Specific Instructions on Sections or Forms HHS/NIH Grant Application
These instructions are meant to supplement, not necessarily replace the instructions in the application guidelines.
Publications which include the PI or any co-investigator must include a PMCID, PMID, or doi depending on which is applicable. These must be included on the Bibliography and the Biosketch.
- PMCID (PubMed Central Identification): all publications after April 7, 2008 whose research has been supported by federal funding is required to obtain a PMCID.
- PMID (Pub Med Identification): abstracts located in Pub Med. The PubMed Central reference number (PMCID) is different from the PubMed reference number (PMID). PubMed Central is an index of full-text papers, while PubMed is an index of abstracts. The PMCID links to full-text papers in PubMed Central, while the PMID links to abstracts in PubMed. PMIDs have nothing to do with the NIH Public Access Policy.
- DOI (digital object identifier): The American Psychological Association describes a DOI as “a unique alphanumeric string assigned by a registration agency (the International DOI Foundation) to identify content and provide a persistent link to its location on the Internet. The publisher assigns a DOI when your article is published and made available electronically.”
- Only people within your affiliate can be listed as personnel in the budget
- Individuals from other affiliates must be a subcontract or a professional service agreement (depending on what they are providing). This may change with Research Integration, depending on how it is structured.
- Employees at Sutter Health may not be paid consultants on a grant at any Sutter Affiliate. They may serve as co-investigators or unpaid consultants.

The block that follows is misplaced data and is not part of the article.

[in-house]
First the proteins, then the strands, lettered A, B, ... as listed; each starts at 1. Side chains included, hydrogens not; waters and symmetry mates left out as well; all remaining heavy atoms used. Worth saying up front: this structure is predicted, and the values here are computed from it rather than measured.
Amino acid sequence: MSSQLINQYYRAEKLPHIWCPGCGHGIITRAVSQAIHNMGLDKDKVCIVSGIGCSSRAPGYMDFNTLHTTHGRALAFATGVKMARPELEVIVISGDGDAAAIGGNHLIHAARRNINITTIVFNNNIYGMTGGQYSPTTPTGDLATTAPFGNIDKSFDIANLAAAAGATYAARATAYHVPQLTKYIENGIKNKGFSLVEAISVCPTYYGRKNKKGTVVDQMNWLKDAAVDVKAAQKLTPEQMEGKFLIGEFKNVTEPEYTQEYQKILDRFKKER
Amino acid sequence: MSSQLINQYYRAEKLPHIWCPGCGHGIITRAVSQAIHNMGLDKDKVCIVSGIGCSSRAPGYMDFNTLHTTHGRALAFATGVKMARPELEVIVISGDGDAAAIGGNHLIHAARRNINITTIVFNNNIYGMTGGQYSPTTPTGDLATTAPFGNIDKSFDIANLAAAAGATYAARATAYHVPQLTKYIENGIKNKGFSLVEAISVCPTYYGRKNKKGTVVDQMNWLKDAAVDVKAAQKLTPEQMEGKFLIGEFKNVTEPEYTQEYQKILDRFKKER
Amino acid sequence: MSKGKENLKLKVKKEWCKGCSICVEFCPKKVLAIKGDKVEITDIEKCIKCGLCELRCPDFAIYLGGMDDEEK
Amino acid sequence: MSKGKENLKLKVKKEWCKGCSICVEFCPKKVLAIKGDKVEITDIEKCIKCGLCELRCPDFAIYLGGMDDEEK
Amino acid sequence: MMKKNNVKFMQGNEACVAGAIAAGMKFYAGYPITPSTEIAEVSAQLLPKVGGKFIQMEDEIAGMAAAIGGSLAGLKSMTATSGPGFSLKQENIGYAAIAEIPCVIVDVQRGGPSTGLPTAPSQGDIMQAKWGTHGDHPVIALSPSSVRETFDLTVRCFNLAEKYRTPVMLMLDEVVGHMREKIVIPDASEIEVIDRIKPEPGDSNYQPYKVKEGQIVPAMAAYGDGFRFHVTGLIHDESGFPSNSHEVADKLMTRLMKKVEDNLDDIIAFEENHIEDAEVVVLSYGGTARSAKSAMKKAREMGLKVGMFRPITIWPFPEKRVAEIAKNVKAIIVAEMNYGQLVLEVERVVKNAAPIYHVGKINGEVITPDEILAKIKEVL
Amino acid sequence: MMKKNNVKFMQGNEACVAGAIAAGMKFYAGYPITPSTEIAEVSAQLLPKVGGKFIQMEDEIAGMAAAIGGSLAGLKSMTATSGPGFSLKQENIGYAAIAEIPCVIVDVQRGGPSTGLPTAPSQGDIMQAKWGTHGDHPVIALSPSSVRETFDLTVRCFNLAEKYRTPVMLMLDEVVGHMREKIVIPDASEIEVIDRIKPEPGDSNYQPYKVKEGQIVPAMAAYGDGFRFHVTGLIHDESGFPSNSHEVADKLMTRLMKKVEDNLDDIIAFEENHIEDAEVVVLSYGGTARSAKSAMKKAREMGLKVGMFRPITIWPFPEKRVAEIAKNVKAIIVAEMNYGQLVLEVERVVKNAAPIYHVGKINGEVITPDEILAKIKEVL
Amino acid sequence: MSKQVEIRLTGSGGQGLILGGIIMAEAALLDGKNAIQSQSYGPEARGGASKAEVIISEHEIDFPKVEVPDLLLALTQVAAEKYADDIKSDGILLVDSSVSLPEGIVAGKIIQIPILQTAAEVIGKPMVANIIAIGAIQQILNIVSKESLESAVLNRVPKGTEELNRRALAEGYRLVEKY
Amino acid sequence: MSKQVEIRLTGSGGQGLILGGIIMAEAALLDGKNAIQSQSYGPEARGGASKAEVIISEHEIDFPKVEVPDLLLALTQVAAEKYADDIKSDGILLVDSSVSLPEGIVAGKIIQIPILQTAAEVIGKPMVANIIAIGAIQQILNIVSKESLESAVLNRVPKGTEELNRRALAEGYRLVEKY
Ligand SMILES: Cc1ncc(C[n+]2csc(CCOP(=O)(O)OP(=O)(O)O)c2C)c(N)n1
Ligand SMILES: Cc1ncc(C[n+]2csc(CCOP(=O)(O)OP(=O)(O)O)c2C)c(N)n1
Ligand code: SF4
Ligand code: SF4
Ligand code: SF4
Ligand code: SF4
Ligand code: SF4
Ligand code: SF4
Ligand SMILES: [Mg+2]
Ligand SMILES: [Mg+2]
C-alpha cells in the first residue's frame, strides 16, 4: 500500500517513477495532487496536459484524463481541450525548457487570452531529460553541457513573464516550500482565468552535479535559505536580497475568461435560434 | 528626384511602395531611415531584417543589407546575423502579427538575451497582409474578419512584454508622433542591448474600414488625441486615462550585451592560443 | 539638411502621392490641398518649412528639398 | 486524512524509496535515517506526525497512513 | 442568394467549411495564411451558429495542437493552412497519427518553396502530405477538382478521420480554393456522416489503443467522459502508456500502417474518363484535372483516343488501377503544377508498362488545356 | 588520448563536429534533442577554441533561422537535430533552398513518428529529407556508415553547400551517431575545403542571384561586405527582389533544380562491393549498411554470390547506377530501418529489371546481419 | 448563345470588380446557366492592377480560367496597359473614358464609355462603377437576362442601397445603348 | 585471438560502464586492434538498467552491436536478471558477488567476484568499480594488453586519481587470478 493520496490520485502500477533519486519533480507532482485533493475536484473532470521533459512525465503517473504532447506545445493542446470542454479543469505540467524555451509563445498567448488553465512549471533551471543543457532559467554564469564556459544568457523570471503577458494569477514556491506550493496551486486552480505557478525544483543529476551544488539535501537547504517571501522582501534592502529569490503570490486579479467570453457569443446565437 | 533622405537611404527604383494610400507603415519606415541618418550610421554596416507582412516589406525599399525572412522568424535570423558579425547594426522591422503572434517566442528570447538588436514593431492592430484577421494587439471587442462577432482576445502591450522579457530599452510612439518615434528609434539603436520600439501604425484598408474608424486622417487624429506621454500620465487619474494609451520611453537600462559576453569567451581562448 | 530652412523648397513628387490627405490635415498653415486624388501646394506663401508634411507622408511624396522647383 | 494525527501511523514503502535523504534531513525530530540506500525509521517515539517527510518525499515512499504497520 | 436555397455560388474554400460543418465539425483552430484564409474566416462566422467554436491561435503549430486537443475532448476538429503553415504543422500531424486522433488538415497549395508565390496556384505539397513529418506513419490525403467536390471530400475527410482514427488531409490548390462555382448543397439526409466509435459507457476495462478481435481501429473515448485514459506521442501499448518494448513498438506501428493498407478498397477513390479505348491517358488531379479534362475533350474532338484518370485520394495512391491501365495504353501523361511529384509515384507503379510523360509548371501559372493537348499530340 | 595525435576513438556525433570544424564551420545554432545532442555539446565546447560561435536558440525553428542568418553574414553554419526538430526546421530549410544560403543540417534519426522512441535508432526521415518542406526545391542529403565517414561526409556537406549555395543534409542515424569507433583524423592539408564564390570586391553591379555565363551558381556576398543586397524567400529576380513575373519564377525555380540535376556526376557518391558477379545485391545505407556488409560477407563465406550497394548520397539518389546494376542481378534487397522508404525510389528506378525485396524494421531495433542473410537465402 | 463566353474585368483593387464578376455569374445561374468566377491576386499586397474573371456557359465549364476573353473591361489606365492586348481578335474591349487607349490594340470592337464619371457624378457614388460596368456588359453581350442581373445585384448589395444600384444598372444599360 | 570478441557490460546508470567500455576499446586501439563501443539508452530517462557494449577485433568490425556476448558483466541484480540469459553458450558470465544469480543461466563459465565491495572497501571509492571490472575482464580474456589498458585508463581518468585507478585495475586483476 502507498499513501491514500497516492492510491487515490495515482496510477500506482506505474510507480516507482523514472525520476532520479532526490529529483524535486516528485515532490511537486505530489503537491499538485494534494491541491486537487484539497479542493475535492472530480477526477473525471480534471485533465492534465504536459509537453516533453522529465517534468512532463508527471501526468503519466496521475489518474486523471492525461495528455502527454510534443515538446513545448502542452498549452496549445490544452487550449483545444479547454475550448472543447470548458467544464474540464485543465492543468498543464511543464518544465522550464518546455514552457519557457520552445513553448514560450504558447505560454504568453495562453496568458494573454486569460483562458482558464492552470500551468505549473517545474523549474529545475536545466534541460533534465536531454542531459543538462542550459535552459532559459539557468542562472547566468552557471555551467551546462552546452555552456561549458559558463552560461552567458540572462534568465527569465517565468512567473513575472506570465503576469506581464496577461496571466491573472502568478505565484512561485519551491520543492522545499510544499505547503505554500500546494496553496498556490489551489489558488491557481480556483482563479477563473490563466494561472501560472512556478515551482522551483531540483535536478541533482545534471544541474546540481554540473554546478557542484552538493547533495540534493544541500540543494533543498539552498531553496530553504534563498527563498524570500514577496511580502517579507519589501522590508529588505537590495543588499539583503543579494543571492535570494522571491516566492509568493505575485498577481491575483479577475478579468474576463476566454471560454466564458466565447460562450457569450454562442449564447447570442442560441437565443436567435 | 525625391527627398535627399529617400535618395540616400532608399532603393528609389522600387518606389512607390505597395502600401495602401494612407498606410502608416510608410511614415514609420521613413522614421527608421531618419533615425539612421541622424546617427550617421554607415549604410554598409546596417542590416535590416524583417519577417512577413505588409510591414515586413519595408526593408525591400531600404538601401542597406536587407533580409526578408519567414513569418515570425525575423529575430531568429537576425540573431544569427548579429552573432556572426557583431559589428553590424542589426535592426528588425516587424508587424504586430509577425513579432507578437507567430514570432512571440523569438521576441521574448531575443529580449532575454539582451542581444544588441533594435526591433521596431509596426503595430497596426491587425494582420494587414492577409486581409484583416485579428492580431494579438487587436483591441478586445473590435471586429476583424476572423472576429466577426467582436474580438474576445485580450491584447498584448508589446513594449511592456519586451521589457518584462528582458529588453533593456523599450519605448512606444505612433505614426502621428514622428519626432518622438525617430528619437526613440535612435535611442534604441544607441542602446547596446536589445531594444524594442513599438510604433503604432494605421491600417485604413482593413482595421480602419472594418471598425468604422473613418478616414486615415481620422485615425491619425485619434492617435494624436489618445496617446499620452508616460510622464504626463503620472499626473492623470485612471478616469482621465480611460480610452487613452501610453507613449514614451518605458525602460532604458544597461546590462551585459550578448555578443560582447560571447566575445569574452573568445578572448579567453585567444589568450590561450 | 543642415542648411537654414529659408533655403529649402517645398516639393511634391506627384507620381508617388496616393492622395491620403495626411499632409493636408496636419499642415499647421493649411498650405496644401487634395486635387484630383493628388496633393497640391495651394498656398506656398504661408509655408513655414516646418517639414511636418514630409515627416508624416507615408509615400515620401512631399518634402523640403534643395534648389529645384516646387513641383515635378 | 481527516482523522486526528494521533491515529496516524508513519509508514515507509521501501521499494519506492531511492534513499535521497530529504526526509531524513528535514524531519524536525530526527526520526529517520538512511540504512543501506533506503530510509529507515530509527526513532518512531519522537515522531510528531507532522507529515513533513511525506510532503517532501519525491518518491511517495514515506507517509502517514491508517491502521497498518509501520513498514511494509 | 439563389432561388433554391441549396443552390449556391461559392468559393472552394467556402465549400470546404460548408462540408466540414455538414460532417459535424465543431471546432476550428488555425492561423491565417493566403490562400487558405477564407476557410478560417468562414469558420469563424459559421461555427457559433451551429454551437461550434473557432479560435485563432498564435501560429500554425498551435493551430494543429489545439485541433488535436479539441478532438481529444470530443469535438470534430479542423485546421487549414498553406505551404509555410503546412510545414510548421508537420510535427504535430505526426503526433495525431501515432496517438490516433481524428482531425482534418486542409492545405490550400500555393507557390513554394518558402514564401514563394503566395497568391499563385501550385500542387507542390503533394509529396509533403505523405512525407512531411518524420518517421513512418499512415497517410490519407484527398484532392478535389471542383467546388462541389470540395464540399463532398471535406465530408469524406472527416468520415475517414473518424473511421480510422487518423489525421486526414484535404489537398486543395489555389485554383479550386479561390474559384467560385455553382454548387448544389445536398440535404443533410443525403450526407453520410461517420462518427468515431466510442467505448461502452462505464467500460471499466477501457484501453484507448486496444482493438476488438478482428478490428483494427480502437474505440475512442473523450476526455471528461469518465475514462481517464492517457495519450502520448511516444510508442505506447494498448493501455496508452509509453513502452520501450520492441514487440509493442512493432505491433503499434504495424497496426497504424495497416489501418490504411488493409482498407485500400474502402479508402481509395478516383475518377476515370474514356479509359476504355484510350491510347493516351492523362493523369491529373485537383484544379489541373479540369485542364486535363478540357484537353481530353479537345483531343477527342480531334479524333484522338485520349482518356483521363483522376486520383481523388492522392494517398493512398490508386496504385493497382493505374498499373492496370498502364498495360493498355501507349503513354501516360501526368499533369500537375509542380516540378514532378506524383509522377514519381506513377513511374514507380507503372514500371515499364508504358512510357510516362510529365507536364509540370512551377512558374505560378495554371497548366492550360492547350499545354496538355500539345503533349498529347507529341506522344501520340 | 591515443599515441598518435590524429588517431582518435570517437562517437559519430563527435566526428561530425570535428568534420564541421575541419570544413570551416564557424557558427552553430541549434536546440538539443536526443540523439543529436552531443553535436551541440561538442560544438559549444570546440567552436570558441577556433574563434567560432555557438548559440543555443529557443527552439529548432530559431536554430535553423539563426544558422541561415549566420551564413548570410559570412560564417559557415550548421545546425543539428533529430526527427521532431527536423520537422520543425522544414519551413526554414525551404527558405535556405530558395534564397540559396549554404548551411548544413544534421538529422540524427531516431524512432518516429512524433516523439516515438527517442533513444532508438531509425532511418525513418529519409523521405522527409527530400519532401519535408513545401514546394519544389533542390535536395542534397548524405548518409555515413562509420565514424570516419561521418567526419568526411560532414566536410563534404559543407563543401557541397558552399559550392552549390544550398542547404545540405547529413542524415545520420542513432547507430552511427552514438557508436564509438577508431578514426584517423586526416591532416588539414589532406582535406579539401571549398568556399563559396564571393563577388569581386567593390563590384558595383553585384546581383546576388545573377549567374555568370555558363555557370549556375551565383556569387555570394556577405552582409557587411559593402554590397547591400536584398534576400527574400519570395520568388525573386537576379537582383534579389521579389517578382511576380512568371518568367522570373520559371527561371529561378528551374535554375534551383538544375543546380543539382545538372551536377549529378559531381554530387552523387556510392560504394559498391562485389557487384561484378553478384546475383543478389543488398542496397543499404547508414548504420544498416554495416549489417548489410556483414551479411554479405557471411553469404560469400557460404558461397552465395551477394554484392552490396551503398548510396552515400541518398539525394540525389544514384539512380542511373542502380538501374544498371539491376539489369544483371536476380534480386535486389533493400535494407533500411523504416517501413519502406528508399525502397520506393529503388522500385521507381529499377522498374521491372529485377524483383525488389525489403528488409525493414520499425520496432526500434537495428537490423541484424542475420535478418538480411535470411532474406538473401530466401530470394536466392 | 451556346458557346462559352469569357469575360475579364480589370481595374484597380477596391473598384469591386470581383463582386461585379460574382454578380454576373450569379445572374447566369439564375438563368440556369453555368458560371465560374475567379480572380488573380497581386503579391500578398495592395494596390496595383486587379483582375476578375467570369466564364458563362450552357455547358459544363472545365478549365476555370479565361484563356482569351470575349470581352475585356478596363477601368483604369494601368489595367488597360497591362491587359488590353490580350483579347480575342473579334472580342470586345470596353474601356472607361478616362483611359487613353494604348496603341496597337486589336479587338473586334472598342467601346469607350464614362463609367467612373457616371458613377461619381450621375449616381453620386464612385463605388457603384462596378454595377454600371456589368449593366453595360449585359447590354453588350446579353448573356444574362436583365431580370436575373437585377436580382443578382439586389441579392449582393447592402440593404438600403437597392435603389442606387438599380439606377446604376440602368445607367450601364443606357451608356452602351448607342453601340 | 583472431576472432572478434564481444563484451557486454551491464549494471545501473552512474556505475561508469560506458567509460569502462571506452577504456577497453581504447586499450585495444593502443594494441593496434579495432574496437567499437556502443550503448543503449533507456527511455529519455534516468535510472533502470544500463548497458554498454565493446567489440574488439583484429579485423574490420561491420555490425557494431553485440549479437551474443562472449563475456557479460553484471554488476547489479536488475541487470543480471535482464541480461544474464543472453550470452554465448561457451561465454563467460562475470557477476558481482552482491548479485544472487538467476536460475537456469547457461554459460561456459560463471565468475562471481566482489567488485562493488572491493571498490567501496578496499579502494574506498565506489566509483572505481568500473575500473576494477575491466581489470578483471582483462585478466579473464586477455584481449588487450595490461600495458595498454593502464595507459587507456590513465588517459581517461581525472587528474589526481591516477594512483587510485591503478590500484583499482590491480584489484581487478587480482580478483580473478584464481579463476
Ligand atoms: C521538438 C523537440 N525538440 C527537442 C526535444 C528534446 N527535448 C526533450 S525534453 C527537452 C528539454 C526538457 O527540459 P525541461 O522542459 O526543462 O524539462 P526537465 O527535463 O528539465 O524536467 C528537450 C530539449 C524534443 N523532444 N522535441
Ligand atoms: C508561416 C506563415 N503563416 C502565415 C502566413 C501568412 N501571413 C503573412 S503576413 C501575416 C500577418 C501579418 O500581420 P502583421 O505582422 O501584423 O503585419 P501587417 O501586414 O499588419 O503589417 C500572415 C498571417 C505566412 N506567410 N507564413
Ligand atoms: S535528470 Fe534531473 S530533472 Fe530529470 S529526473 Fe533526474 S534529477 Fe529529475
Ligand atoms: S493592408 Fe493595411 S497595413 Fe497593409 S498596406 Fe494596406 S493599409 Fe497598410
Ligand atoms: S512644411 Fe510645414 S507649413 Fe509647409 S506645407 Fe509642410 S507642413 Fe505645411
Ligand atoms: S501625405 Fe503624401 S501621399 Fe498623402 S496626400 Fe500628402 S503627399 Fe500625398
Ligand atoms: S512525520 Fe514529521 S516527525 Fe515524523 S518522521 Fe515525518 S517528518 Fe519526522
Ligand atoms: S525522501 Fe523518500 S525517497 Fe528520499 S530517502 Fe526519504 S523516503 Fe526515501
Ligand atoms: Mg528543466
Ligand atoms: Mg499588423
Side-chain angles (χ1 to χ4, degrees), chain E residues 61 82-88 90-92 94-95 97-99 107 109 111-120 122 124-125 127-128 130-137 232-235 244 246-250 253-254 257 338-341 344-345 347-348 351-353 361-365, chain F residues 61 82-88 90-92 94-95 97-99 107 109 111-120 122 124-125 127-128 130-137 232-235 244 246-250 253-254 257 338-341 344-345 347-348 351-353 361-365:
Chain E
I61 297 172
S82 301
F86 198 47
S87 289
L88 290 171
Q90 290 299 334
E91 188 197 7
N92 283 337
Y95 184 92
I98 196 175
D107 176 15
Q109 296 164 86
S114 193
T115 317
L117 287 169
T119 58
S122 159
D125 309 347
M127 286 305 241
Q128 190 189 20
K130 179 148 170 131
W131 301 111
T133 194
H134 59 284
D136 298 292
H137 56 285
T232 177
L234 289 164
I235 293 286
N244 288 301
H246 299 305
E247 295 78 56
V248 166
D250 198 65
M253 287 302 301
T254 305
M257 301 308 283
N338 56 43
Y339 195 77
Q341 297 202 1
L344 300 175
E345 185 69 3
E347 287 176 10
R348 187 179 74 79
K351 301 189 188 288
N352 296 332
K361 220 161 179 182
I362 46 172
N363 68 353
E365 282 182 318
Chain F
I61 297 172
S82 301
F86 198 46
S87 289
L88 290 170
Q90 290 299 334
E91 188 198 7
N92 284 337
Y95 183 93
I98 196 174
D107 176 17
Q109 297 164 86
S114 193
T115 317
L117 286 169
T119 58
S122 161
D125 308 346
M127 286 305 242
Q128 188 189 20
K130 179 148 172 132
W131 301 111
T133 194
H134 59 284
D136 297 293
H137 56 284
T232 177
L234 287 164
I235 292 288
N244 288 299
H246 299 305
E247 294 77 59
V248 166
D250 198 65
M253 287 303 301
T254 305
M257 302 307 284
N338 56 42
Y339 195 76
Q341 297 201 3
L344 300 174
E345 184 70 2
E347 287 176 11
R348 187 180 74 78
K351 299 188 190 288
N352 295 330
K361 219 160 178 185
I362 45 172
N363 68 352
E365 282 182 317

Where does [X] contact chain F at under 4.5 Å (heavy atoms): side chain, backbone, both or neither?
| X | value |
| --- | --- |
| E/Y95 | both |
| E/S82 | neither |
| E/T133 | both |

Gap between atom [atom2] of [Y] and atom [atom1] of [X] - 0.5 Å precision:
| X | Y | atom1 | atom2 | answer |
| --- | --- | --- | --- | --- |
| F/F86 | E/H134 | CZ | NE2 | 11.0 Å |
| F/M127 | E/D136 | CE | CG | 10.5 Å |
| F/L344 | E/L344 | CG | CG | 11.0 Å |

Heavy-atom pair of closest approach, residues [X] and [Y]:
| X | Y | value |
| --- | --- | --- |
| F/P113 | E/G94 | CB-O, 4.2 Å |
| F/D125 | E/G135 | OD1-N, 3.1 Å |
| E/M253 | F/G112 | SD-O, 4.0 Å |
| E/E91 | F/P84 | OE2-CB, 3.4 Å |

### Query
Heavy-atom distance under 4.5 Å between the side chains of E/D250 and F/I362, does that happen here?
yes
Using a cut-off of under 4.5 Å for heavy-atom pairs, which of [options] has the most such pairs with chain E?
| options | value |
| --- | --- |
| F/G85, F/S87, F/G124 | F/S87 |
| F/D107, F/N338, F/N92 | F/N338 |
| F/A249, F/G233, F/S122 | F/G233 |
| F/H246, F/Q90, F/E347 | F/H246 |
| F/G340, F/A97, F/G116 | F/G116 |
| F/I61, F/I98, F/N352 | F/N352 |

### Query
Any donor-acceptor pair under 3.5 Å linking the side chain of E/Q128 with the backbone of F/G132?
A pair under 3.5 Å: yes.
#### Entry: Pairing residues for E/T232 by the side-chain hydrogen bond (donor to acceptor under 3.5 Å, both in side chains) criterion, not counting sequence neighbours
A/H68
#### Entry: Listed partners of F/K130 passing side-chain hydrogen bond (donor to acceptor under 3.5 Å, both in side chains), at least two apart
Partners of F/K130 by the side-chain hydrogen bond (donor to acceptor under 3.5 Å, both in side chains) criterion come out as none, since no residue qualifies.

- Must submit a letter of support which includes: the rate of pay and the number of hours to be paid each year (even if the rate of pay = $0.
- We use current negotiated F&A Rates in the budgets
- Agencies that do not allow full negotiated rates require special permission to be submitted
- Use current salary rates and budget for increases at appropriate intervals
- Benefit rates: we use the negotiated benefit rate or the actual rate depending on the institution.
- Name of Staff and/or position to be included
- Estimated percent of effort per year
- Subcontractor names and contacts
- Consultant Names and contact information (estimated hours and pay rate)
- Other expenses and supplies
- Individual items priced at $5,000 or more should have a written quote
- Services should have a written quote outlining work to be performed and cost
- Line items at $1000 or more should be costed out in the budget justification (include tax and shipping)
- Where are you going
- How many people will travel
- How many days will you stay
- How many trips per year
- Registration fee involved?
- Generally only key personnel are required to submit biosketches
- Biosketches are to be prepared by each individual person according to the parameters required by the funding agency
- All Biosketches are reviewed for compliance by the Grants Team. We have frequently had to send them back for revision due to personnel not following the agency formatting requirements. This is a time consuming endeavor and it is crucial to receive biosketches early on in the process.
- Biosketches may be formatted by the Grants Administrator for a uniform format to enhance the professional look of the application. This is only done if time allows.
- Biosketches can cause an entire grant application to be rejected if the following conditions are not met (as cited in the NIH FAQ’s):
- Completing each section (A - Personal Statement; B – Positions and Honors; C – Contributions to Science; D – Research Support or Scholastic Performance)
- Including no more than 5 contributions to science with no more than 4 citations per contribution
- Ensuring that if you include the optional link to a full list of your published work in a site like My Bibliography that the URL is .gov
- Refraining from including information, such as preliminary data, that belongs elsewhere in the application
- Following NIH guidance on font type, font size, paper size, and margins (See Format Attachment instructions)
- Using PDF format for your biosketch attachment
- Limiting the length of your biosketch to 5 pages or less
These documents should be specific to the grant application: one size does not fit all. Each PI/Laboratory/Research Group may have a standard resource page which may or may not require edits depending on the project submitted.